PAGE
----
Visitors to the hotels and attractions around Baltimore's Inner Harbor had better watch their grammar this weekend: More than 6,000 English teachers will be in town.
One of the nation's largest gatherings of teachers and professors of English and reading begins today at the Baltimore Convention Center with the annual meeting of the National Council of Teachers of English.
Part training session and part social gathering, the convention will focus on such subjects as writing and reading instruction, diversity in literature and assistance for beginning teachers.
"What we're mainly trying to provide is an extraordinarily good professional development opportunity for teachers," said Anne Ruggles Gere, president of the group and a professor at the University of Michigan. "It's an opportunity for teachers to learn and to share what they're doing in their classrooms."
Founded in 1911 and headquartered in Urbana, Ill., the council used to be known for devoting itself almost exclusively to high school English teachers. In recent years, it has expanded beyond grades seven through 12 and is now a kindergarten-through-university organization.
About half of the group's 77,000 members are secondary school English teachers. The rest are almost evenly divided between elementary school and college teachers. The convention, which runs through Tuesday, has the theme "Recreating the Classroom."
"The theme of this year's convention reflects our membership," said Leila Christenbury, president-elect of the group and a professor at Virginia Commonwealth University in Richmond. "One of the challenges of teaching, regardless of the level, is to make it new on a daily basis. That's what the theme of this convention is about."
The group also is working to shake the image of English teachers as being interested in little more than grammar, spelling and Shakespeare. Though those elements of instruction remain part of teachers' mission, council officials say, the convention and the group's other activities reflect a broader agenda.
For example, as middle schools and high schools have seen a surge in the number of children without basic reading skills, the group has offered teachers at those levels more sessions on reading instruction for older pupils.
"Many English teachers didn't know how to teach reading, because that wasn't something they needed to teach in middle and high school," said Kathy Egawa, the group's associate executive director. "But that's become a more of an issue at a lot of schools, and we've had to respond to it."
Maryland is a national leader is turning secondary school teachers into reading instructors. The State Board of Education decided in 1998 to require all teachers at all levels to take an increased number of courses in how to teach reading.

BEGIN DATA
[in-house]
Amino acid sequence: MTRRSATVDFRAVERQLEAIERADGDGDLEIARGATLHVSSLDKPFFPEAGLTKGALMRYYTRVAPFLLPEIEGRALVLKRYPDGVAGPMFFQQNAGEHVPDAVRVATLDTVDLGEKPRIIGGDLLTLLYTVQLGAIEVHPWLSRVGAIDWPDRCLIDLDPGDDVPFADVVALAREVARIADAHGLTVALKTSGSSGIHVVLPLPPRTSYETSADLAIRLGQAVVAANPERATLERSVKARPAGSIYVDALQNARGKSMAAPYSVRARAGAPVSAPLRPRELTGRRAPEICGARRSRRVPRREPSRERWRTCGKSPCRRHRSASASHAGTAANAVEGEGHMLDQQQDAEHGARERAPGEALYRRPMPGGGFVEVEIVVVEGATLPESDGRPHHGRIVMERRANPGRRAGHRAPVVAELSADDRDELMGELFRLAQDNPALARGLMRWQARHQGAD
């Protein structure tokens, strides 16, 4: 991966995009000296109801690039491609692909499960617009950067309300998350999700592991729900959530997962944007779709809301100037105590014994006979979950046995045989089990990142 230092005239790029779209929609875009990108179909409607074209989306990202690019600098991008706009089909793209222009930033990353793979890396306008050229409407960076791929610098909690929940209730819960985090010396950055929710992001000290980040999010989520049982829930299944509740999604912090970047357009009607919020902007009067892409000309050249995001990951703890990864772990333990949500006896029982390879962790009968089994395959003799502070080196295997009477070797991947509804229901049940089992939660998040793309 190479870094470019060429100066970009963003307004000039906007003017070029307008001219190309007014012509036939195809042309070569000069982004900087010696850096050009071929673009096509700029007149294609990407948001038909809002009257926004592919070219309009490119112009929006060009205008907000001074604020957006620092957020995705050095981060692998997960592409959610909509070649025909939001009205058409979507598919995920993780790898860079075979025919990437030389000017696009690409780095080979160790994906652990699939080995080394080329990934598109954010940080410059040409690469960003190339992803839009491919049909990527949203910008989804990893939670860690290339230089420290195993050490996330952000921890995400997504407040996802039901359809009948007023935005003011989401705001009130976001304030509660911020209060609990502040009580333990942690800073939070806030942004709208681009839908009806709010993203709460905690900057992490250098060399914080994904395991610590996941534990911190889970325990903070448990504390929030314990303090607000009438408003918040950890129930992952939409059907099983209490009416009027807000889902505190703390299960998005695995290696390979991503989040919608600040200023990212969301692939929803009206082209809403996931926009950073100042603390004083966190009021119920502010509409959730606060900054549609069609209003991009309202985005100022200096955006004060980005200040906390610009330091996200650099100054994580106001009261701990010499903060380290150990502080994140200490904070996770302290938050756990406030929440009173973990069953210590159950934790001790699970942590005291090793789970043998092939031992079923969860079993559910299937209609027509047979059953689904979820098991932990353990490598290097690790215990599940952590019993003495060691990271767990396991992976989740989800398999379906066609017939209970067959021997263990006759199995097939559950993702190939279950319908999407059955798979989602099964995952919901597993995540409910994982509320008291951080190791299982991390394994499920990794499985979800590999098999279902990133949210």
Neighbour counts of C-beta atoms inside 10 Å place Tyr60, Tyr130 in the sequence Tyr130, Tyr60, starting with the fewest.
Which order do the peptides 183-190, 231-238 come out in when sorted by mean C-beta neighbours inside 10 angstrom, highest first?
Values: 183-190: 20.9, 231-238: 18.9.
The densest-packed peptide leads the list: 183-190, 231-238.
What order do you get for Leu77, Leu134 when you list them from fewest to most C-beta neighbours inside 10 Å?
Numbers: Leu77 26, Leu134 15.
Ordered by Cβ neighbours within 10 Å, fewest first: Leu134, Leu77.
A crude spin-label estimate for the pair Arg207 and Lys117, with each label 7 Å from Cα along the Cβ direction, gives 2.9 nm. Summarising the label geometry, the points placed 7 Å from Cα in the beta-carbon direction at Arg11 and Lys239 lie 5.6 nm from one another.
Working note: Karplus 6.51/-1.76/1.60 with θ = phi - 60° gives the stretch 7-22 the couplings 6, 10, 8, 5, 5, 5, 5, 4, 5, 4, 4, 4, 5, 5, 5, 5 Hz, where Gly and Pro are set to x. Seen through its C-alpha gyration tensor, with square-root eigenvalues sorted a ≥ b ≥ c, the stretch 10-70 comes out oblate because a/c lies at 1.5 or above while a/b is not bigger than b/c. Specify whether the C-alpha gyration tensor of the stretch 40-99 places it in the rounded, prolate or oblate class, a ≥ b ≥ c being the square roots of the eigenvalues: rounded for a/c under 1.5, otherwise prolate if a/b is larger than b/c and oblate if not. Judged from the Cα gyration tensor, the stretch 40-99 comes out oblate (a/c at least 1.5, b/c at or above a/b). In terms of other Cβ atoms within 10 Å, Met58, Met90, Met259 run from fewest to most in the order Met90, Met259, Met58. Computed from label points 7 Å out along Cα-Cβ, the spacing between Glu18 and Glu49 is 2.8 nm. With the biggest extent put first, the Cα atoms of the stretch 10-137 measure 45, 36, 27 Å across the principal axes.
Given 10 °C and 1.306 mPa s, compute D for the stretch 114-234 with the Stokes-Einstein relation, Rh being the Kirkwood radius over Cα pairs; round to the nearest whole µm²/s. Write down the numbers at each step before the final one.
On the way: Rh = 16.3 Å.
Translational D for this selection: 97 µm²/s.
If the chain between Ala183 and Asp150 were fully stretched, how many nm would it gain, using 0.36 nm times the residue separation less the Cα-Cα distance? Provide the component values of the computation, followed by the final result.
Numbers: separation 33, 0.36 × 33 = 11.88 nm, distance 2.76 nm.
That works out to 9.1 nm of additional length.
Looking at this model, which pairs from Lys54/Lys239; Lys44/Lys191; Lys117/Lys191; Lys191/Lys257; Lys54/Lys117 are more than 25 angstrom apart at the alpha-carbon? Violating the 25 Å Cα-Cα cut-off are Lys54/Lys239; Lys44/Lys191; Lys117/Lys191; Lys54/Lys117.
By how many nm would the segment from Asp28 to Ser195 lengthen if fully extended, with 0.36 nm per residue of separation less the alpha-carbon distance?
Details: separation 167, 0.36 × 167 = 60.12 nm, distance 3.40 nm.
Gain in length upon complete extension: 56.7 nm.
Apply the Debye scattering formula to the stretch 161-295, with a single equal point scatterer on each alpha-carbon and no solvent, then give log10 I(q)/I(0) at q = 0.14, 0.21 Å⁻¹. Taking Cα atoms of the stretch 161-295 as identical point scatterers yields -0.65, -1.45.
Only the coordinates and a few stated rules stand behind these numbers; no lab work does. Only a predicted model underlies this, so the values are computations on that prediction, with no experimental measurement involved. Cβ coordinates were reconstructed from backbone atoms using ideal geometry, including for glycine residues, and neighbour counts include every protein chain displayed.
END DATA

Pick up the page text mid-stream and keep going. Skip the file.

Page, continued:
At the Baltimore convention, the group will expand a program, begun at its meeting last year in Milwaukee, to help urban teachers and those who are new to the profession.
Freeman Hrabowski, president of the University of Maryland, Baltimore County, is scheduled to give the opening speech at tomorrow morning's urban academy, and a $15,000 grant from the textbook publisher Scholastic Inc. is enabling 55 teachers from Baltimore, Prince George's County and Washington to attend the conference for free.
Sunday's seminars will include 70 sessions devoted to teachers early in their careers, and smaller regional follow-up gatherings may be planned to help those new teachers form networks of support.
"The dropout rate is 10 percent for teachers in their first year, and we're really concerned about that," said Christenbury, who as president-elect of the group planned this year's convention program. "When I began as a high school teacher, I was not a good teacher and I was not sure what was going wrong.
"It was talking with other teachers that really made me the teacher that I am, and that's what we want to encourage among our new teachers," Christenbury said.
For Maryland educators, this week's convention offers a rare opportunity to hear from many nationally recognized teachers and researchers.
"It's challenging to put this on, but it's worth it," said Jacqueline Sachs, a seventh- and eighth-grade language arts teacher at Magothy River Middle School in Anne Arundel County who is overseeing the local planning. "It's the best in-service you could get in your life.
"Attending these sessions brings you right up to date with what the best people are doing in their classrooms," said Sachs, who organized more than 250 volunteers to help with preparations.
The convention also will include speeches from high-profile writers, including poet and children's book author Lucille Clifton, Masterpiece Theater host and Pulitzer Prize winner Russell Baker and last year's Newbery Medal winner, Christopher Paul Curtis.
Filmmaker Ken Burns will talk about his forthcoming Mark Twain biography, and director John Waters and his movie Serial Mom will be the top attractions at a night out at the Charles Theatre tomorrow night.
Retired Orioles star Cal Ripken Jr. and his wife, Kelly, will be presented with the organization's 2001 Literacy Award. The Ripkens' foundation supports adult and family literacy programs in the Baltimore area, and they have helped raise $1.2 million for the Baltimore Reads Ripken Learning Center.